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From left: Rod Carew, Tim Laudner, Twins historian Clyde Doeppner (behind), and Bert Blyleven
"You talk about the magic, the aura, but what really makes a stadium is the fans. Concrete doesn't talk back to you. Chairs don't talk back to you. It's the people who are there, day in, day out, that makes the place magic."
– Bernie Williams
Explore the Site
Here are 50 images chosen randomly from the 3045 found on this site. Click the image to be taken to the original post. A new list is created every 10 minutes.
That is the gun-metal gray wall of The Stadium just beyond the elevated tracks.
Click to enlarge greatly
I believe that the truck is parked in one of the curb cutouts which are being installed to facilitate ticket sales and traffic calming.
A sharp-eyed reader caught me trying to make the best of a bad situation with my SP-570UZ on Sunday afternoon
The glare problem.
I'll admit that this makes me nervous. It's pretty easy to step into the path of a train (which is true at various points along the line, but still...)
Hot dawgs! Getcher hot dawgs!
A little higher angle shows how the two stations are close to one another but distinctly separate. The oval, glass-enclosed area is the entrance from the Northstar platform below into the ballpark. The LRT platform is comparable to the other stations along that route.
That's some scary-ass scaffolding, if you ask me.
Here is Seventh Street viewed from the west looking toward downtown. This will probably be the most pedestrian-friendly side (other than the plaza), but only if there is some psychological barrier between the people on foot and the people in their dangerously fast-moving automobiles.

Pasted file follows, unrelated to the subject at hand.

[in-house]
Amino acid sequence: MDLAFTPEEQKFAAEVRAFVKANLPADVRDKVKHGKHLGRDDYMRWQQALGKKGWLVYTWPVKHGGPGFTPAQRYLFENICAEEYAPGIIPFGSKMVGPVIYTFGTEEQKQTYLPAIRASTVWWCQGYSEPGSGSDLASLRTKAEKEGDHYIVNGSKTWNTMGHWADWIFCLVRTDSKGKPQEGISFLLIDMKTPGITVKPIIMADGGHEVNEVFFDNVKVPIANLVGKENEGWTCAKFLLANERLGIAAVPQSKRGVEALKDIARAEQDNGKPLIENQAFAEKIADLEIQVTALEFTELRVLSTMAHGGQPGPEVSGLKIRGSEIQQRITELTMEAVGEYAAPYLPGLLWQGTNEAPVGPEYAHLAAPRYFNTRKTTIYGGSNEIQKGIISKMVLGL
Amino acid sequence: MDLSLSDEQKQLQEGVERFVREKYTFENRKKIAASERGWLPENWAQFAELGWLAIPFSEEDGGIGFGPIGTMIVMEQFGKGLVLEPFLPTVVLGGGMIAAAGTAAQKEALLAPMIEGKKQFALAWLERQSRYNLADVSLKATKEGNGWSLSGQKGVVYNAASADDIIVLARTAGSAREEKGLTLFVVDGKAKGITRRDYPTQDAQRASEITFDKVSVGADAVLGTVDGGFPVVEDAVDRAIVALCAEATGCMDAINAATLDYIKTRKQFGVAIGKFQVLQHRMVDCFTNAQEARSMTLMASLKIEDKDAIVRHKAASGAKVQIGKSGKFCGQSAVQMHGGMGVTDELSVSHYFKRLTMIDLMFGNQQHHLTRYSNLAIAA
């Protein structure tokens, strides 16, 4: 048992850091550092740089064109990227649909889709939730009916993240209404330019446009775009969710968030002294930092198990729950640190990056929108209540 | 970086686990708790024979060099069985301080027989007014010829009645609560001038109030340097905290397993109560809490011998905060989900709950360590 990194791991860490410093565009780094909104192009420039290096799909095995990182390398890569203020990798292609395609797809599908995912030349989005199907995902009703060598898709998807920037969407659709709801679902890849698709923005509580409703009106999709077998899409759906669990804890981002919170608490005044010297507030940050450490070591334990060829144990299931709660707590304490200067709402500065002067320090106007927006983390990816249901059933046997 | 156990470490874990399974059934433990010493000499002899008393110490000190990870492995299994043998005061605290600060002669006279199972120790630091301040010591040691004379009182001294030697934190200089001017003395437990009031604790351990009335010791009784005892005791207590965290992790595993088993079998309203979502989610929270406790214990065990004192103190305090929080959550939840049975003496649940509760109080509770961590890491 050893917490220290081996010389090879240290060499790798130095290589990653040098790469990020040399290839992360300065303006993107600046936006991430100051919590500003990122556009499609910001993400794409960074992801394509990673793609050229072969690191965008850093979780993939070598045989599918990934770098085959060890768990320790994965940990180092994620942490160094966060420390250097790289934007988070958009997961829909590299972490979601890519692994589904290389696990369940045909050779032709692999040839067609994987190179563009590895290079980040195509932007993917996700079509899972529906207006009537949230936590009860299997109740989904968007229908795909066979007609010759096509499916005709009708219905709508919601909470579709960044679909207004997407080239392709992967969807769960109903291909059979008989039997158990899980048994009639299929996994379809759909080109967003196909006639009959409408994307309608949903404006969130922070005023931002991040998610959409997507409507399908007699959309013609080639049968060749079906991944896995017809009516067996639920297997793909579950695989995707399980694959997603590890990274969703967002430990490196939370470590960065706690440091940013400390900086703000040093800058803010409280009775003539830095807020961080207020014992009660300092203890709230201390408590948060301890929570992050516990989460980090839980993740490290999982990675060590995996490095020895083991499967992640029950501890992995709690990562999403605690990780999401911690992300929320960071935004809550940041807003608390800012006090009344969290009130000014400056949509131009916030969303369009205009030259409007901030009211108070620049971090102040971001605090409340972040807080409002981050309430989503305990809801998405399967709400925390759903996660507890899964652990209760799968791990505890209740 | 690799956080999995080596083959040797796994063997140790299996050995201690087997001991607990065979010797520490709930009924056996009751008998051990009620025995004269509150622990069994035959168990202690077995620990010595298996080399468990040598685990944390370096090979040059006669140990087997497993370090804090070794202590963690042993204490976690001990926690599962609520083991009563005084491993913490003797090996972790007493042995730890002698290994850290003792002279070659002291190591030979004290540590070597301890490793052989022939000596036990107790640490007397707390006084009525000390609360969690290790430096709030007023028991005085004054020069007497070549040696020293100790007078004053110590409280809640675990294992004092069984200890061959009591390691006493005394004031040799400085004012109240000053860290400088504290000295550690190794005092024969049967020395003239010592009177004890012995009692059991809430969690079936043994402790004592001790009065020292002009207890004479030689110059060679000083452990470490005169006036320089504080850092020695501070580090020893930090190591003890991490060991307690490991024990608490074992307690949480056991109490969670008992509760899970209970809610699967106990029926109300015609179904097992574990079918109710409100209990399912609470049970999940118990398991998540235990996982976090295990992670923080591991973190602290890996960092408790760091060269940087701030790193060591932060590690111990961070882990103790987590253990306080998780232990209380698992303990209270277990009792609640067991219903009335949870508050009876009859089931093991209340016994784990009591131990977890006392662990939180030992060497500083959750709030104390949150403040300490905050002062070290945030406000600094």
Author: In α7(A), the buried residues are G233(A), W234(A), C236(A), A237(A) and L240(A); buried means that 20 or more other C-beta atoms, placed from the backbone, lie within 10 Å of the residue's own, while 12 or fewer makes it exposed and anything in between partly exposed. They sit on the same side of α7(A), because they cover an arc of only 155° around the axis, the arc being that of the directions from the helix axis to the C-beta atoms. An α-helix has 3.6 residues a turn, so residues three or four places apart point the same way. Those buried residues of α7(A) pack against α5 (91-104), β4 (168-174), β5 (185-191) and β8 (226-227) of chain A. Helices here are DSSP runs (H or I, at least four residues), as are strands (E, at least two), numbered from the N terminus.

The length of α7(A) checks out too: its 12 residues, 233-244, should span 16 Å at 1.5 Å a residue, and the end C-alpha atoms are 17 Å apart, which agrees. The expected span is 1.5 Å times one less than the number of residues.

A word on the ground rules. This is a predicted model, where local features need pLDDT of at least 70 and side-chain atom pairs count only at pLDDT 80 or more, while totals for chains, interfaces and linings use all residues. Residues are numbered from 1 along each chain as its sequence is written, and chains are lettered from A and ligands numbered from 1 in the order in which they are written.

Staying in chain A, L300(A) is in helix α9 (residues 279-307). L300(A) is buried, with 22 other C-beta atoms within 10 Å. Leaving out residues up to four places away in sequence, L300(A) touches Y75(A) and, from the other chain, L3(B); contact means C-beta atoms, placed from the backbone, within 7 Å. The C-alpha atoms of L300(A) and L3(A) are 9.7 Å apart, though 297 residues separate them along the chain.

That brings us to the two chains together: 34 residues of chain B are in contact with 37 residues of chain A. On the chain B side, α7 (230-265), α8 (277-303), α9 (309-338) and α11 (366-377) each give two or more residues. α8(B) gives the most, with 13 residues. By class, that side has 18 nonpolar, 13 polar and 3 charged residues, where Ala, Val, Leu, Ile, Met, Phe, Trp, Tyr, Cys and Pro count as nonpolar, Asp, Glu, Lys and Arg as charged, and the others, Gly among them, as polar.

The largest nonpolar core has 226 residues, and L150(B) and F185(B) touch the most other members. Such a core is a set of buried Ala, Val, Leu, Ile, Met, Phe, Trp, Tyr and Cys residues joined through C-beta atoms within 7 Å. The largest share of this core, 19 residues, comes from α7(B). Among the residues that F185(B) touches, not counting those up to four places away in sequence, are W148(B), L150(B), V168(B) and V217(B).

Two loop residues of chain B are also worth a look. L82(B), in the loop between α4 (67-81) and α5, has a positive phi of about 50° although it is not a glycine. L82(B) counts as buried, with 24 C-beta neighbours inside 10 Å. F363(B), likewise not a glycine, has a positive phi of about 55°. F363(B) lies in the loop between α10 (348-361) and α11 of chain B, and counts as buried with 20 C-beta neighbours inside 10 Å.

Fifth Street louvers way up close
Ketchup, mustard, relish, mustard, ketchup
Arrival back at Target Field
The Northstar circulation building is starting to take shape.
Train. (What is it about baseball and trains?)
Concourse ceilings (from the Ballpark Authority's May update)
This is why I get it, even if I don't like it.
The circulation ramp on Fifth Street is shaping up very quickly.
Ben took this picture of me (carrying my mostly useless camera) and Twins rep Chris Iles down by the admin building
This concourse, the uppermost, was built on top of the now-hidden old concourse during the 70s renovation.
The Northstar stop has a name.
Work on one of the side panels
The season was perfectly bookended by Mick Sterling on the plaza
A sampling of seats at Fenway Park
The circulation ramp on the north now has its louver framing.
Looking up toward Seventh Street.
Champion's Club moat (windows are found at the base of the limestone behind the seats -- not visible in this image)
Stairs down to the sidewalk from the skywalk over Seventh
Dugout Box and Champion's Club sections are sequestered by separate moats
This is the actual entrance for Gate 6. Notice how close the seating will be. The back row of the lower deck will be mere inches beyond that inner support post.